Restricted access

Dennis van Hamont, Christopher R. Harvey, Denis Massicotte, Russell Frew, François Peronnet and Nancy J. Rehrer

Effects of feeding glucose on substrate metabolism during cycling were studied. Trained (60.0 ± 1.9 mL · kg−1 · min−1) males (N = 5) completed two 75 min, 80% VO2max trials: 125 g 13C-glucose (CHO); 13C-glucose tracer, 10 g (C). During warm-up (30 min 30% VO2max) 2 ⋅ 2 g 13C-glucose was given as bicarbonate pool primer. Breath samples and blood glucose were analyzed for 13C/ 12C with IRMS. Protein oxidation was estimated from urine and sweat urea. Indirect calorimetry (protein corrected) and 13C/ 12C enrichment in expired CO2 and blood glucose allowed exogenous (Gexo), endogenous (Gendo), muscle (Gmuscle), and liver glucose oxidation calculations. During exercise (75 min) in CHO versus C (respectively): protein oxidation was lower (6.8 ± 2.7, 18.8 ± 5.9 g; P = 0.01); Gendo was reduced (71.2 ± 3.8, 80.7 ± 5.7%; P = 0.01); Gmuscle was reduced (55.3 ± 6.1, 65.9 ± 6.0%; P = 0.01) compensated by increased Gexo (58.3 ± 2.1, 3.87 ± 0.85 g; P = 0.000002). Glucose ingestion during exercise can spare endogenous protein and carbohydrate, in fed cyclists, without gly-cogen depletion.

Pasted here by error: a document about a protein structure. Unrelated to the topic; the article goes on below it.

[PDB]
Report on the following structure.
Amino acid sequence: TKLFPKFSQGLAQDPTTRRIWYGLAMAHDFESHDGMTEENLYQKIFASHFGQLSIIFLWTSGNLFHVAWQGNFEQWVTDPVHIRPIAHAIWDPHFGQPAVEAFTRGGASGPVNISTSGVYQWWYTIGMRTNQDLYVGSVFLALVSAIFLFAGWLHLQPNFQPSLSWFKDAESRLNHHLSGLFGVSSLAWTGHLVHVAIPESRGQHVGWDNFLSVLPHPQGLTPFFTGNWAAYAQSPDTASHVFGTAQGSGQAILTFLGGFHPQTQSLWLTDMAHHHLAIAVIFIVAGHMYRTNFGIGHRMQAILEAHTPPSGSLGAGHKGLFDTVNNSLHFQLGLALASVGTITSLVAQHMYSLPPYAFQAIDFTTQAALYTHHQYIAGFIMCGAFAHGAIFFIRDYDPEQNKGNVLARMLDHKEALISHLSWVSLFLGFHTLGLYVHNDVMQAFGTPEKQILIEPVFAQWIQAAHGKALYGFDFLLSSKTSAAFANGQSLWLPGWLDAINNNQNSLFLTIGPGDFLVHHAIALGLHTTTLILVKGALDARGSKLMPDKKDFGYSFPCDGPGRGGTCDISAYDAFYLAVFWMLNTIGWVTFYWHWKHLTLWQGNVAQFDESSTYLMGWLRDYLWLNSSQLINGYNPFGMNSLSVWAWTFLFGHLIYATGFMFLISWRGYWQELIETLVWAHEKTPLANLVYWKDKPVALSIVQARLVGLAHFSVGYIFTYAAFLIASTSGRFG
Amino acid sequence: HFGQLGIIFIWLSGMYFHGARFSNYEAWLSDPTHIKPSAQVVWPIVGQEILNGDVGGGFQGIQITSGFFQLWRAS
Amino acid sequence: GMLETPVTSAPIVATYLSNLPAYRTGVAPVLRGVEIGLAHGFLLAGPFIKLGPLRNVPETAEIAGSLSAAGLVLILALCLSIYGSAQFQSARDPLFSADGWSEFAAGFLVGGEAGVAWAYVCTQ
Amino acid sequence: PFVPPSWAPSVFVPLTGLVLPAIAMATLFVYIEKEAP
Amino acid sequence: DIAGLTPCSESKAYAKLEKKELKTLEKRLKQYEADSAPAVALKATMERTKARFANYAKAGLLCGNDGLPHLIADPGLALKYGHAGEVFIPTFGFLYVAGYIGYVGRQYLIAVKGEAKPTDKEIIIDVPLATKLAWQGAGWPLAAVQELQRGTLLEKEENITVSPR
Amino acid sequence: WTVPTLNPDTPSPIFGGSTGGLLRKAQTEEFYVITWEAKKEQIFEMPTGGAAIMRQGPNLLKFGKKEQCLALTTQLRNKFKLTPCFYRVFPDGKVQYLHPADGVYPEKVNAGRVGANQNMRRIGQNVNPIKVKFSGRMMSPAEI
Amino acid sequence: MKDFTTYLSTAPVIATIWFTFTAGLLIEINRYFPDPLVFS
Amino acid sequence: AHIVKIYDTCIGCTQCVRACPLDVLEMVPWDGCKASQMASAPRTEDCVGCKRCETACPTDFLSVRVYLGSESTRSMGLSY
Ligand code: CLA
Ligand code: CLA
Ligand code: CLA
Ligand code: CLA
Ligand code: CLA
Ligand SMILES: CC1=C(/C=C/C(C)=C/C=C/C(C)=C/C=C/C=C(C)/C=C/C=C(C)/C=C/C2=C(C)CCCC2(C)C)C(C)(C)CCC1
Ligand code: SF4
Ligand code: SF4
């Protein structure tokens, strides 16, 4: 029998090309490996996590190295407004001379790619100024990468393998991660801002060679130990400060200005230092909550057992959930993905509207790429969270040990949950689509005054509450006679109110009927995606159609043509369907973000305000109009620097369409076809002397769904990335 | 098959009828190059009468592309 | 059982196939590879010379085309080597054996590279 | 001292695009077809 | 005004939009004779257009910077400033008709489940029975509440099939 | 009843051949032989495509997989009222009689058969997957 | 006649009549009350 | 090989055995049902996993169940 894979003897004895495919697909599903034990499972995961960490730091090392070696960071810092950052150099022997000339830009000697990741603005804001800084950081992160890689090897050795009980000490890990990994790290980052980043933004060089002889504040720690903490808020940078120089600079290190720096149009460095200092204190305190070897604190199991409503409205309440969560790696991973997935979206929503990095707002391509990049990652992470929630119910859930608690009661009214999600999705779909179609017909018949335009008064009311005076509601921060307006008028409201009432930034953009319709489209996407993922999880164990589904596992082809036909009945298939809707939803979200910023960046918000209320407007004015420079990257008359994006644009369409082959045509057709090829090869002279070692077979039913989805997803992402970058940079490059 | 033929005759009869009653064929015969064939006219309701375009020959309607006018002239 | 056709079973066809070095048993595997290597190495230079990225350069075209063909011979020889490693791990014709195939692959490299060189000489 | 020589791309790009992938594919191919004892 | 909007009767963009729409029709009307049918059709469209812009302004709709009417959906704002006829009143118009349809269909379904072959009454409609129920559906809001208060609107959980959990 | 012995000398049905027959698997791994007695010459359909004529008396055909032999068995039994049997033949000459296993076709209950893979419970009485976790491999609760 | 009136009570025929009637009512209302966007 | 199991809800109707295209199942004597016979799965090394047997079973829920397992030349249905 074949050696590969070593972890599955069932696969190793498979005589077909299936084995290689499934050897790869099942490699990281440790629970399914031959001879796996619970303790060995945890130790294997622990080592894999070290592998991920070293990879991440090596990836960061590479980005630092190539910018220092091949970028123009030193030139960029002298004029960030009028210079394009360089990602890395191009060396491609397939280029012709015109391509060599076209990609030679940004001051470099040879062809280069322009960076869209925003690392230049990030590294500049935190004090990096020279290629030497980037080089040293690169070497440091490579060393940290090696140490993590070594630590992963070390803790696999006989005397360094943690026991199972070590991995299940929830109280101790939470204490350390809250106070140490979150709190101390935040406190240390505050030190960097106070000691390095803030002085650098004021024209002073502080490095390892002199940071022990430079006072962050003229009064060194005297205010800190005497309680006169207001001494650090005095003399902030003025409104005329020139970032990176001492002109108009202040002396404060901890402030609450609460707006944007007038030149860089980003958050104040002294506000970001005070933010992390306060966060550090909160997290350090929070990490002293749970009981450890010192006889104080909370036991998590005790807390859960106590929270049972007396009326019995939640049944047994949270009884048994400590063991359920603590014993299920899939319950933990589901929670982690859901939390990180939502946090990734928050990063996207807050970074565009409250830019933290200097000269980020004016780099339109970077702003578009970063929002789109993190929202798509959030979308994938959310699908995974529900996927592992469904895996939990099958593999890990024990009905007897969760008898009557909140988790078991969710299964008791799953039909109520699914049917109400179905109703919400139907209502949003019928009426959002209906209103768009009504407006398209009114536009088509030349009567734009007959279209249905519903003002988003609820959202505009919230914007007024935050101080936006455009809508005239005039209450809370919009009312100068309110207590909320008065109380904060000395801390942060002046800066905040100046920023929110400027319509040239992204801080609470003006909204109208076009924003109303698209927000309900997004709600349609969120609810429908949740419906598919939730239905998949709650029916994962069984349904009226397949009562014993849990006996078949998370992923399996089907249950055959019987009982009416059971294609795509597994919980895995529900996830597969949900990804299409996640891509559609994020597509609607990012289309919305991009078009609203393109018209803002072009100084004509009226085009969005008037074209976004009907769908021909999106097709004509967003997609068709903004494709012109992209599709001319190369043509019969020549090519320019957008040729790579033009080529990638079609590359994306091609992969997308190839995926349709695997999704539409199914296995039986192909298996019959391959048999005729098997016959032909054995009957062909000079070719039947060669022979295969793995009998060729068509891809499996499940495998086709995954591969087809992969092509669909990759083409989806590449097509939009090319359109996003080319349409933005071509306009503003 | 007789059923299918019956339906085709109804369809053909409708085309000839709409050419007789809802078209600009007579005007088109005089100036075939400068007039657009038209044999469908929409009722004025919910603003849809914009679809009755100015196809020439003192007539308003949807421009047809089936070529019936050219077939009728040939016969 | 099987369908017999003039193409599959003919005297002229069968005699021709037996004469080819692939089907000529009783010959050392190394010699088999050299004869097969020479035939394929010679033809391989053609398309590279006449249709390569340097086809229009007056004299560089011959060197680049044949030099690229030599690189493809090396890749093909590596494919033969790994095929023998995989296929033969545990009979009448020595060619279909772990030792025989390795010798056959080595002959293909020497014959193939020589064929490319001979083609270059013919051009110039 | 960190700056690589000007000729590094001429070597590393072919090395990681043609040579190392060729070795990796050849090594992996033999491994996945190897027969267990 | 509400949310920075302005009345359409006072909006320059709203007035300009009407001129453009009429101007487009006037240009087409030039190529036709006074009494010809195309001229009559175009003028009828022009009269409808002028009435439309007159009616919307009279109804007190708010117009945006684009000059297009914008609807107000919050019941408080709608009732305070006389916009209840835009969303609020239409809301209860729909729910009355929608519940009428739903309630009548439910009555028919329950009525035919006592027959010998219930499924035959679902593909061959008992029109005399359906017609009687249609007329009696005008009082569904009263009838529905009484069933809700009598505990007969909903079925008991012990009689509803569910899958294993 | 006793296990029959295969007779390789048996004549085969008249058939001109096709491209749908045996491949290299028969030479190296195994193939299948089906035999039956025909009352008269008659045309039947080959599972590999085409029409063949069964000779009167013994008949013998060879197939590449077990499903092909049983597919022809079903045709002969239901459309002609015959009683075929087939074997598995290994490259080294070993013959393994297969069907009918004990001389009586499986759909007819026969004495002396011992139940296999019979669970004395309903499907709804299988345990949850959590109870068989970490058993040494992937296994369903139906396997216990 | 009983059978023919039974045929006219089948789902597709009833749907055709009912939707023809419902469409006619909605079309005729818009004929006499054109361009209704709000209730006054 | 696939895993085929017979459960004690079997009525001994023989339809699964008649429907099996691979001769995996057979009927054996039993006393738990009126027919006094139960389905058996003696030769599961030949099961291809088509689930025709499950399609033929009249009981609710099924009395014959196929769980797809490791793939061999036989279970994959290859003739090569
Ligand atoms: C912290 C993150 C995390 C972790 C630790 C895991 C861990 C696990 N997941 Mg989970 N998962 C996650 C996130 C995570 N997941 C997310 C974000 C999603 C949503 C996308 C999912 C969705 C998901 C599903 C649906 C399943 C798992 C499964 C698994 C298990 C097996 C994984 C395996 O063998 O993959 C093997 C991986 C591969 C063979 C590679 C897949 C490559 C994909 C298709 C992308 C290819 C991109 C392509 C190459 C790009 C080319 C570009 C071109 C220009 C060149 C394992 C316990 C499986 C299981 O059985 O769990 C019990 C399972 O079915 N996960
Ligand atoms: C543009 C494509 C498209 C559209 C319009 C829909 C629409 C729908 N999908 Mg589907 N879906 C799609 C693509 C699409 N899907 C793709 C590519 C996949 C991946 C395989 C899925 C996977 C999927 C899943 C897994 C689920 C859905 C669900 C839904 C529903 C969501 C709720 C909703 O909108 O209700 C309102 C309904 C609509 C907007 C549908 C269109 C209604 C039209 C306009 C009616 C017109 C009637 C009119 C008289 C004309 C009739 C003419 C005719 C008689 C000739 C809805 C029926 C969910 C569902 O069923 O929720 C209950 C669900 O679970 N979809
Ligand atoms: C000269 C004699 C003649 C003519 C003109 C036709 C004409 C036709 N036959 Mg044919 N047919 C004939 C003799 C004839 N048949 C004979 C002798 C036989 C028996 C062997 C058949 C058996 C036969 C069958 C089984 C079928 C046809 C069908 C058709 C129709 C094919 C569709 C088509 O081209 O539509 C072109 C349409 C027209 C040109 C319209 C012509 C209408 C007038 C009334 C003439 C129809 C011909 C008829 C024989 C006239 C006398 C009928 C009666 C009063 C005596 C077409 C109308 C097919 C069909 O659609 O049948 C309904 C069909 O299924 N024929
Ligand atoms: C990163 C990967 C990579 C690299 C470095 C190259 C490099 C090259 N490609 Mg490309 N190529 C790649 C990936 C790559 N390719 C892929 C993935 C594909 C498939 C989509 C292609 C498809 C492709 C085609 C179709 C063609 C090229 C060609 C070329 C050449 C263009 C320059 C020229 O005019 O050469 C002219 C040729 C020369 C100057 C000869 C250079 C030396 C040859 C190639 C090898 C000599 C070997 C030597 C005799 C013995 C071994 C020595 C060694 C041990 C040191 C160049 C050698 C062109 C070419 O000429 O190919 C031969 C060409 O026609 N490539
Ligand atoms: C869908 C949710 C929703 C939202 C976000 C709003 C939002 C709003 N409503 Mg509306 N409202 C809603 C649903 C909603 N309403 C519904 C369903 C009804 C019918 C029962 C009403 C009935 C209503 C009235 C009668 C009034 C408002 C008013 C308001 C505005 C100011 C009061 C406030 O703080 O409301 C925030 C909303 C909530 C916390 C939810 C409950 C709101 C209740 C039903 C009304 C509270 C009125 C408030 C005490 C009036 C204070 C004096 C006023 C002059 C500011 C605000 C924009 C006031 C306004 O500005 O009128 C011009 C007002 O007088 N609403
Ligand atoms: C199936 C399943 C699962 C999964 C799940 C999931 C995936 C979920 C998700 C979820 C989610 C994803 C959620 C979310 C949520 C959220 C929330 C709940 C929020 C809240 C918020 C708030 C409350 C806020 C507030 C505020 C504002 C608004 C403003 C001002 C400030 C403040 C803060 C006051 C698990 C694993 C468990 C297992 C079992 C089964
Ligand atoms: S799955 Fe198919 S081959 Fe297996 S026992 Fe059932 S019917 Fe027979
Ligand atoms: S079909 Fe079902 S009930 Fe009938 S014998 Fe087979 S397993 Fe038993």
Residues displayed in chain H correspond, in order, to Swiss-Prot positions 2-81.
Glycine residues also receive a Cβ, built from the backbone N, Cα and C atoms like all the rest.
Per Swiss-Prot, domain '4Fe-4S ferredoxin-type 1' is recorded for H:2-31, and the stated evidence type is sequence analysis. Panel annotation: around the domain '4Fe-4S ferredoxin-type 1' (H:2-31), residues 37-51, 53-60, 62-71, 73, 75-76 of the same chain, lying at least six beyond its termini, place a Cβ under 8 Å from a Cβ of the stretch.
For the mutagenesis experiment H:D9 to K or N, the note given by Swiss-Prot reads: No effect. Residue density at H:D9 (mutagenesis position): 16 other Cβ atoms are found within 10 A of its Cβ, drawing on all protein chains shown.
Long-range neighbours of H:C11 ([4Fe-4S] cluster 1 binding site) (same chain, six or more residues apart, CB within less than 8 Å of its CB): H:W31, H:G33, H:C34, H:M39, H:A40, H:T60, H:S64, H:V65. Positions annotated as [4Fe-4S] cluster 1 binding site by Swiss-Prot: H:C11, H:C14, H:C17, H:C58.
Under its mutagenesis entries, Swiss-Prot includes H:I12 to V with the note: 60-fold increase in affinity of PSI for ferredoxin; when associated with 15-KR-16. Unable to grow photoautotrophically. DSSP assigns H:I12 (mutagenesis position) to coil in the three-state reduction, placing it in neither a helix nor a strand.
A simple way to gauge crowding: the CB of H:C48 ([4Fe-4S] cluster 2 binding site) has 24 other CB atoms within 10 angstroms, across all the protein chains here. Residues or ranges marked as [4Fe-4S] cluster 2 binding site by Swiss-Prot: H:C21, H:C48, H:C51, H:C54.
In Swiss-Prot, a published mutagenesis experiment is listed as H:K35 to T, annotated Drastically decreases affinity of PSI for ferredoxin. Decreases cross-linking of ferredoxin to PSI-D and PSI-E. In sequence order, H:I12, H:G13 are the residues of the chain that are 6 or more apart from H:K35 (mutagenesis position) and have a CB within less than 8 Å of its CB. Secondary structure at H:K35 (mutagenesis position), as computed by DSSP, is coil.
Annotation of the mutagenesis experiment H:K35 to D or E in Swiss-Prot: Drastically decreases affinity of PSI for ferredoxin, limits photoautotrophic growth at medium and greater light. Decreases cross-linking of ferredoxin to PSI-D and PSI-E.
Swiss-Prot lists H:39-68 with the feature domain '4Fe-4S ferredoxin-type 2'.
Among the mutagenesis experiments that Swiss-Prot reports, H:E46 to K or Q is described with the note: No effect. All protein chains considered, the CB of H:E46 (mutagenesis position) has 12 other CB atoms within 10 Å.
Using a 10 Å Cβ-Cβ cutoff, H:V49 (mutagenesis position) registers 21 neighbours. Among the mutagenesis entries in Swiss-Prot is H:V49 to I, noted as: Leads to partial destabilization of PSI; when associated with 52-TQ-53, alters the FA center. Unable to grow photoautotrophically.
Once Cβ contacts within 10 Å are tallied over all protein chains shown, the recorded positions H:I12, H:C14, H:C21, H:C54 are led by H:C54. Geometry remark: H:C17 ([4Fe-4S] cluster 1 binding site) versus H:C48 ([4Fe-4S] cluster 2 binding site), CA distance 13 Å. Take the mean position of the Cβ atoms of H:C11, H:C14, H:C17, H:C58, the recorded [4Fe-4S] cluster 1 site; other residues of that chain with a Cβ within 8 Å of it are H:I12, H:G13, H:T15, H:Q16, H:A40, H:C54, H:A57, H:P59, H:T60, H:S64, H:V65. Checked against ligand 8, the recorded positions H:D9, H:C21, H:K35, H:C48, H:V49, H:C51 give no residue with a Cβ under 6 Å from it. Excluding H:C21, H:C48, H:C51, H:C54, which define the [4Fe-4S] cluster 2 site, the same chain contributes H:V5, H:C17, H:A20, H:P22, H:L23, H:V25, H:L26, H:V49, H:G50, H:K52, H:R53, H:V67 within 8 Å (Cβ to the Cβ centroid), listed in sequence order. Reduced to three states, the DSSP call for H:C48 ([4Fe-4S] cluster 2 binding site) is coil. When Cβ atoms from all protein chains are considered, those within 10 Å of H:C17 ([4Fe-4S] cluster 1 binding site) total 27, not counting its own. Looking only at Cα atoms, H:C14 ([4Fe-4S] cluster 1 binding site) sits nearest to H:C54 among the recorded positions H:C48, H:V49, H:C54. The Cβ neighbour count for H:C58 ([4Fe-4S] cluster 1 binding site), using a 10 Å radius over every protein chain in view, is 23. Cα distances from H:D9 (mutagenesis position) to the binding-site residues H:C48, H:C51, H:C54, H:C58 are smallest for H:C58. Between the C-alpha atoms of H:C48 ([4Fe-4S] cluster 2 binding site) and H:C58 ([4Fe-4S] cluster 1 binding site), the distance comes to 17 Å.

Restricted access

David J. Clayton, Gethin H. Evans and Lewis J. James